What was the most inspirational thing you witnessed while working at the hospital? I am most inspired by the Camaraderie between residents at West Suburban! Residents are always there to support you despite the level of struggle. Faculty at West Suburban wholeheartedly support their residents and are always enthusiastic about teaching. Employees here consist of diverse group of people who are always working together to make things happen. Your good work is always appreciated here. West Suburban fosters very friendly environment for their employees and always makes coming to work fun and fulfilling.
What is the biggest sacrifice you have made in your medical training so far? Spending time away from my family, especially my husband who has thoroughly supported me in this journey…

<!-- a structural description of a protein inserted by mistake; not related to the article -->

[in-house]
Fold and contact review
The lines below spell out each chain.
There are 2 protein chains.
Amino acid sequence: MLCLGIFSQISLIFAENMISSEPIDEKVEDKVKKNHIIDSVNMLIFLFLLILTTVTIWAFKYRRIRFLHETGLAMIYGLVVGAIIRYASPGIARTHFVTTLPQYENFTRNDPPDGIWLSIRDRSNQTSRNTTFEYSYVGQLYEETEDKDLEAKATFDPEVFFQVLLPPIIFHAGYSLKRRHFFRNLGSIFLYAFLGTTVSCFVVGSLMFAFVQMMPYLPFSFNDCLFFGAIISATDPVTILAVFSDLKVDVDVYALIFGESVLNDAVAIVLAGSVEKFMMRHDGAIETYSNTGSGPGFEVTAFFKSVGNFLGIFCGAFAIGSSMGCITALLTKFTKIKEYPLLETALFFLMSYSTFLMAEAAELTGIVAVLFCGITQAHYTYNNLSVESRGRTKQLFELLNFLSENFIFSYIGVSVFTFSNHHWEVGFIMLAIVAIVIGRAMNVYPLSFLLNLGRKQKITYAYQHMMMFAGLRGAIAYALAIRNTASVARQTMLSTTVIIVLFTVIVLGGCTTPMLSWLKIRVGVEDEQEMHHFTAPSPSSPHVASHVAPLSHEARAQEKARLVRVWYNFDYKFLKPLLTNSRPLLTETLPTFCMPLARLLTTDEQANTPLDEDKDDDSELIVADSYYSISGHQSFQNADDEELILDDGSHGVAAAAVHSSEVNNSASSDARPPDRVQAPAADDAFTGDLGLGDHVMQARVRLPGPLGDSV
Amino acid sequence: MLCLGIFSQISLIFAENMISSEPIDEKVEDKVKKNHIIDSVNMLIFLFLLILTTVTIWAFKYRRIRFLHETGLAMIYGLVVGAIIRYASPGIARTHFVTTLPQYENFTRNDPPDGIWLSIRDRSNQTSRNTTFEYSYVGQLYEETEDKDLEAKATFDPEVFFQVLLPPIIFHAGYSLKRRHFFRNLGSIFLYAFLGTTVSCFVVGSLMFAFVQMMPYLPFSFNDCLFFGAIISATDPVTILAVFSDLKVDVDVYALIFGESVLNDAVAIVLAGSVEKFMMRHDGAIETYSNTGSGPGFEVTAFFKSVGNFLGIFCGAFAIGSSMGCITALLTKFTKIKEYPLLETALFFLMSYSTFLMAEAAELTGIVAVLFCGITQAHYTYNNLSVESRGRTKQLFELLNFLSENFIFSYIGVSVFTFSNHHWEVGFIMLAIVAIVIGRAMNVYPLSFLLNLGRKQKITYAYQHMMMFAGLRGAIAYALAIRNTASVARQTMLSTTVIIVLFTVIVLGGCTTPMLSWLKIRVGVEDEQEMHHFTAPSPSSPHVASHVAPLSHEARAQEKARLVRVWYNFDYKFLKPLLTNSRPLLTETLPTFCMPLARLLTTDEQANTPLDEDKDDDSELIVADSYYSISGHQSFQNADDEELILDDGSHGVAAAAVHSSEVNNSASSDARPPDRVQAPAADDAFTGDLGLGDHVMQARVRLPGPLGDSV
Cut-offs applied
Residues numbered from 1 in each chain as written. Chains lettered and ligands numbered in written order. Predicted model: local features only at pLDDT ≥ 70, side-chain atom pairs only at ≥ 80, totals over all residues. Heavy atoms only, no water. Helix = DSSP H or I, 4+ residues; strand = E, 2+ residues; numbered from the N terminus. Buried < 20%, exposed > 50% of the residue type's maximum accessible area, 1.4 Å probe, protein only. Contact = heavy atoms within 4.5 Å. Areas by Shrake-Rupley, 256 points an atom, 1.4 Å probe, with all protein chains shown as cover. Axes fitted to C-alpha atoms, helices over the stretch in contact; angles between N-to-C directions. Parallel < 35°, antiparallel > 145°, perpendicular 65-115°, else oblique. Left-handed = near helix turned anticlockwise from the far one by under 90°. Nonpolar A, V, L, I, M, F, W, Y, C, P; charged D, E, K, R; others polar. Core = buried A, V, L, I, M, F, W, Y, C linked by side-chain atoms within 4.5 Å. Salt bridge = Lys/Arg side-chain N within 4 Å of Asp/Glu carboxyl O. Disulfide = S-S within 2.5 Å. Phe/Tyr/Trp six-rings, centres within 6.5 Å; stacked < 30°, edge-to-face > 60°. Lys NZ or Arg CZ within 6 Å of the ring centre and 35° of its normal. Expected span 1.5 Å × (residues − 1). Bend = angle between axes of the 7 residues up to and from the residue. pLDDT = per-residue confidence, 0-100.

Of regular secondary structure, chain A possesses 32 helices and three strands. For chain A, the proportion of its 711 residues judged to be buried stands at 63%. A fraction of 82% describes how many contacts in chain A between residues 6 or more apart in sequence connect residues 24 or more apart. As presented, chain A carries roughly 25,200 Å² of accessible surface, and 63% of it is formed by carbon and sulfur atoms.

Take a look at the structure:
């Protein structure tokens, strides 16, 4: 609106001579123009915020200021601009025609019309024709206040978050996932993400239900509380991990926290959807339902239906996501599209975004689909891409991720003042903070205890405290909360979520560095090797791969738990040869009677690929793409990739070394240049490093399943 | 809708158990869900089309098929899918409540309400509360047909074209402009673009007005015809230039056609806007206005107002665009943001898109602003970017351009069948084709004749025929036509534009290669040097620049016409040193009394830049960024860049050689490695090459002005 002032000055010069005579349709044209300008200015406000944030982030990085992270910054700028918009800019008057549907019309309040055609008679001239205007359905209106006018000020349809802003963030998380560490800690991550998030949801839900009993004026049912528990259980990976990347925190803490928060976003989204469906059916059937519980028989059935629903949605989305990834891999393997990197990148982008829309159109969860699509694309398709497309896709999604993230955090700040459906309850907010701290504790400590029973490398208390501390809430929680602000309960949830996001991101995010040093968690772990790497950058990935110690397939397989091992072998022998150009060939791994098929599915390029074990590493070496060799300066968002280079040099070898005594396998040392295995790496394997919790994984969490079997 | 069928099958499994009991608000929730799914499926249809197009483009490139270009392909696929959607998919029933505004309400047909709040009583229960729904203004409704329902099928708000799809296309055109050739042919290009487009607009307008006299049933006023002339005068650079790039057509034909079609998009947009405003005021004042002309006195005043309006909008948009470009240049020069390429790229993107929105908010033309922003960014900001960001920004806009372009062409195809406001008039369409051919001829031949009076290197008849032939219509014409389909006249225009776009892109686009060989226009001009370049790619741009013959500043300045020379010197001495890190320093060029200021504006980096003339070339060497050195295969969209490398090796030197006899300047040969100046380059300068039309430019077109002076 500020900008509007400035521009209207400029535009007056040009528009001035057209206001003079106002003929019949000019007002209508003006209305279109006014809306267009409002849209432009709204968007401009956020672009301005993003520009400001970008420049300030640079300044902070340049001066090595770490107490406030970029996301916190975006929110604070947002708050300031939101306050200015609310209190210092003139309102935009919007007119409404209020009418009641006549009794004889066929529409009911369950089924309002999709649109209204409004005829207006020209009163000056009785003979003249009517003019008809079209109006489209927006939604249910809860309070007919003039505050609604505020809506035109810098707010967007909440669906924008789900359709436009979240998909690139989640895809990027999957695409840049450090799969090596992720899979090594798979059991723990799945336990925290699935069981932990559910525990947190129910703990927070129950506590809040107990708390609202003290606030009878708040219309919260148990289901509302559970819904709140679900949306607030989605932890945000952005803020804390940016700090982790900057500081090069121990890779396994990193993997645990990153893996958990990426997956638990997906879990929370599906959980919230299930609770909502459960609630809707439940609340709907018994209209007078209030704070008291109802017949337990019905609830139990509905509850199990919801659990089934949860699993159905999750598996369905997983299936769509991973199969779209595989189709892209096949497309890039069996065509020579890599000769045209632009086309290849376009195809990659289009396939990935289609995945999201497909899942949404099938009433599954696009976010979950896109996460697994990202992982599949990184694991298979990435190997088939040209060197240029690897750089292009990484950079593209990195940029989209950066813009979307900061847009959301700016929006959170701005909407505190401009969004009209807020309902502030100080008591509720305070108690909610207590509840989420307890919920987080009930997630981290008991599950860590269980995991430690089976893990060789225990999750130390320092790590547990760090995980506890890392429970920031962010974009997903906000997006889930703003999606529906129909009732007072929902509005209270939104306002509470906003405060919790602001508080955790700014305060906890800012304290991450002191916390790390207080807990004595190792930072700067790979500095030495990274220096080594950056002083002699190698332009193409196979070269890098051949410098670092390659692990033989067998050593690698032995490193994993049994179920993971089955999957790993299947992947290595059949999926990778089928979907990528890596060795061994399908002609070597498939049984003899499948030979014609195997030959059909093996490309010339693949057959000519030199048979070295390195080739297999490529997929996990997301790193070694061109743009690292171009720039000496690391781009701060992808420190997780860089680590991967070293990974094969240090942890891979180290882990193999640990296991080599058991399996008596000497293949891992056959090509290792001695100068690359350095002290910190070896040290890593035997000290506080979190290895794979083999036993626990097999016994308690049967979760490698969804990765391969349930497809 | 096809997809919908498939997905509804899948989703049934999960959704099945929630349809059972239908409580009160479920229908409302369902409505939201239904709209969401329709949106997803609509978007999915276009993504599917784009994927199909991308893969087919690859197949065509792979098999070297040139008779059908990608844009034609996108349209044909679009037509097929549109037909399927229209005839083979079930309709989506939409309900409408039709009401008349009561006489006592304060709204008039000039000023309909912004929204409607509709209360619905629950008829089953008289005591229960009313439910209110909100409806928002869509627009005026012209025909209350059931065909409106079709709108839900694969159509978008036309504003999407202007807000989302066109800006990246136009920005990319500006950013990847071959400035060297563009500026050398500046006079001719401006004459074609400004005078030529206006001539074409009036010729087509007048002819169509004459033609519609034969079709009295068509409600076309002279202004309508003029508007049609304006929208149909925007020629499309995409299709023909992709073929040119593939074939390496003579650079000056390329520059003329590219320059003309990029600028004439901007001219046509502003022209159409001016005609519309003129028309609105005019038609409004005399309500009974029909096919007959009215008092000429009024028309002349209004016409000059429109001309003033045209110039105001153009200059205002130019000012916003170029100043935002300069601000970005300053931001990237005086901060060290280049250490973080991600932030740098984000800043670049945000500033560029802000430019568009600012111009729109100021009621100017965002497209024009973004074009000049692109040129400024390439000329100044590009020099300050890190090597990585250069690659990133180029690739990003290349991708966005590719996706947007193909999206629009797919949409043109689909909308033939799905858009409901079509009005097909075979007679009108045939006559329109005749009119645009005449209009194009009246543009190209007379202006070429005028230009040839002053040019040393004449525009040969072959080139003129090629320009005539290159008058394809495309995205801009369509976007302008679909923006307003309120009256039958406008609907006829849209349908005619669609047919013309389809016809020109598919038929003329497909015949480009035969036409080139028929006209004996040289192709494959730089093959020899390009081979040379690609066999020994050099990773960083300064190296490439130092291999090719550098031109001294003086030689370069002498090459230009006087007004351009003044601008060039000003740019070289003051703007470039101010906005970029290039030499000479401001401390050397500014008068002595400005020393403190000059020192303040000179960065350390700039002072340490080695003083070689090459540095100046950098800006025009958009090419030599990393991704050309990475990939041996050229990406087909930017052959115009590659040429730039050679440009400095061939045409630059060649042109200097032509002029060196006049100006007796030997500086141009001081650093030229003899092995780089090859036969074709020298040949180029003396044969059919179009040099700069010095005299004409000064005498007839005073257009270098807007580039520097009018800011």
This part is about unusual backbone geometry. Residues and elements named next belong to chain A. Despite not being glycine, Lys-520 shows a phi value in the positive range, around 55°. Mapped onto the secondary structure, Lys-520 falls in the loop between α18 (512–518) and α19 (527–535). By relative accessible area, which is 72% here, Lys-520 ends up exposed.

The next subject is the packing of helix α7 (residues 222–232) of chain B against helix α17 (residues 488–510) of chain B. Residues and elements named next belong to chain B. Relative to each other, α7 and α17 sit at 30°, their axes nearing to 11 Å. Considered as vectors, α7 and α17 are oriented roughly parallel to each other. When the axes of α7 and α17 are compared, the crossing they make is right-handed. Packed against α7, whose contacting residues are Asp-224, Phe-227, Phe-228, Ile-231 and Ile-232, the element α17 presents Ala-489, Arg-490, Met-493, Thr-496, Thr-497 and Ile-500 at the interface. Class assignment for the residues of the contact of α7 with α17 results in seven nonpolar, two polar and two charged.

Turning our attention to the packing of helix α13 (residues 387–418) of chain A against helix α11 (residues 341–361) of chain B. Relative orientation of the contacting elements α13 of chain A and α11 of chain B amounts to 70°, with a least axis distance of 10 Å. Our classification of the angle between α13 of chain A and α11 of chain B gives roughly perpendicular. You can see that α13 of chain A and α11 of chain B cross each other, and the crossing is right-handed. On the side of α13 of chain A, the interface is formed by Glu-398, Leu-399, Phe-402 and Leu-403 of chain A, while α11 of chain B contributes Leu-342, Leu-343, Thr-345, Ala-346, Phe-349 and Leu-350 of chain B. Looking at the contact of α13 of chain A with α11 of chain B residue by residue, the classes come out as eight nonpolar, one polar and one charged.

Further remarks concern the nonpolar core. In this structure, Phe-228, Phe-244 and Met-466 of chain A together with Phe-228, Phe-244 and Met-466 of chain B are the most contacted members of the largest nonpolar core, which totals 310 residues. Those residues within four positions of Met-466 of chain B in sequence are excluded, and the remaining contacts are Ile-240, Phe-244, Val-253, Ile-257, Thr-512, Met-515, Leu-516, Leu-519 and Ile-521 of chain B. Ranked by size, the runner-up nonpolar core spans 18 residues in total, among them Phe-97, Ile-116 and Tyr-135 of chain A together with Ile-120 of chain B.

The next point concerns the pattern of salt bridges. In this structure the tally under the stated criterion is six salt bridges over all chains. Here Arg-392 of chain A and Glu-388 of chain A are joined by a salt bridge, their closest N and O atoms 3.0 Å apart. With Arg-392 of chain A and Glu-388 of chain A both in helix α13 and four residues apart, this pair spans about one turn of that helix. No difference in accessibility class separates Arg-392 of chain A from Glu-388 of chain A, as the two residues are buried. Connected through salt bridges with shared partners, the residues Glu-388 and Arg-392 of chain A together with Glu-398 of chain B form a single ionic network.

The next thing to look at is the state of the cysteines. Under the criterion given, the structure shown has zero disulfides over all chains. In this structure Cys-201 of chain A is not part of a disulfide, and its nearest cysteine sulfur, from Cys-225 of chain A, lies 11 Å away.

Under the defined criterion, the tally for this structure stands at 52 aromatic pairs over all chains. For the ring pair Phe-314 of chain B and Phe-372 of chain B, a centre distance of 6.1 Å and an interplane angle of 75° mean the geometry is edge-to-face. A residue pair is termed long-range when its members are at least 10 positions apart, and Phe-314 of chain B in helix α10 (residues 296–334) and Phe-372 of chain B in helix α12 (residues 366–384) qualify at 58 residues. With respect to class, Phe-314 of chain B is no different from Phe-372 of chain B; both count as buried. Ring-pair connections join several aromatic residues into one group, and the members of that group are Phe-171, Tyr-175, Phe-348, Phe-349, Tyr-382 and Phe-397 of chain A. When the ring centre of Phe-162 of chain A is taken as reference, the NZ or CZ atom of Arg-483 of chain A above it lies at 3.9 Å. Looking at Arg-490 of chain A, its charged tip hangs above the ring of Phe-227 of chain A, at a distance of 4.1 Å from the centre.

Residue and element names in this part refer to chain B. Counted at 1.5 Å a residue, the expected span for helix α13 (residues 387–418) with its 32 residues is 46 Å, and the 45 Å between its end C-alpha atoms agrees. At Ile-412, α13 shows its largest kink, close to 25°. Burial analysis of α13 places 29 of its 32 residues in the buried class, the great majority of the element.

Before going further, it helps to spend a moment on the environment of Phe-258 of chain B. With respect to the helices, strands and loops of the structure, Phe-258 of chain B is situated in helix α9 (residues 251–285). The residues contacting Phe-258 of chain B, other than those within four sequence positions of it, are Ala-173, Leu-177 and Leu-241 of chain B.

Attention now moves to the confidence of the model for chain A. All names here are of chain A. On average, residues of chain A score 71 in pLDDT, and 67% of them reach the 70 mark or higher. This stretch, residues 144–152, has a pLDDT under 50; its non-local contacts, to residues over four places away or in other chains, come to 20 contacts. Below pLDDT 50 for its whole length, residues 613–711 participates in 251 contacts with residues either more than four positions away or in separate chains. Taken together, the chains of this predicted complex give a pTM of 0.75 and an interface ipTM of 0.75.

What trait do you most admire in talented physicians? Being an educator to your patients. Every doctor can look at labs and document it in their notes, but its takes a great physician to interpret those labs and spend an extra minute to discuss the significance of those labs with their patients.
What’s one thing I wish I knew before starting residency? Every document you sign is a legal document so be cautious! Also, time flies by quickly, so make the most out of your everyday at work.
What was the most difficult thing during your intern year? Time management and triaging what’s important between answering the page to finishing up notes. But it all comes with time, so nothing to worry about. I’m still learning myself.
What is the key to making the best of this Residency program? Be curious about everything you see and ask questions. Act like a sponge and absorb as much information as you can. Lastly, embrace critique because that will introduce you to things that can be worked on and can potentially benefit others.
What is one item somebody starting residency should absolutely invest into? Comfortable shoes for those long days/nights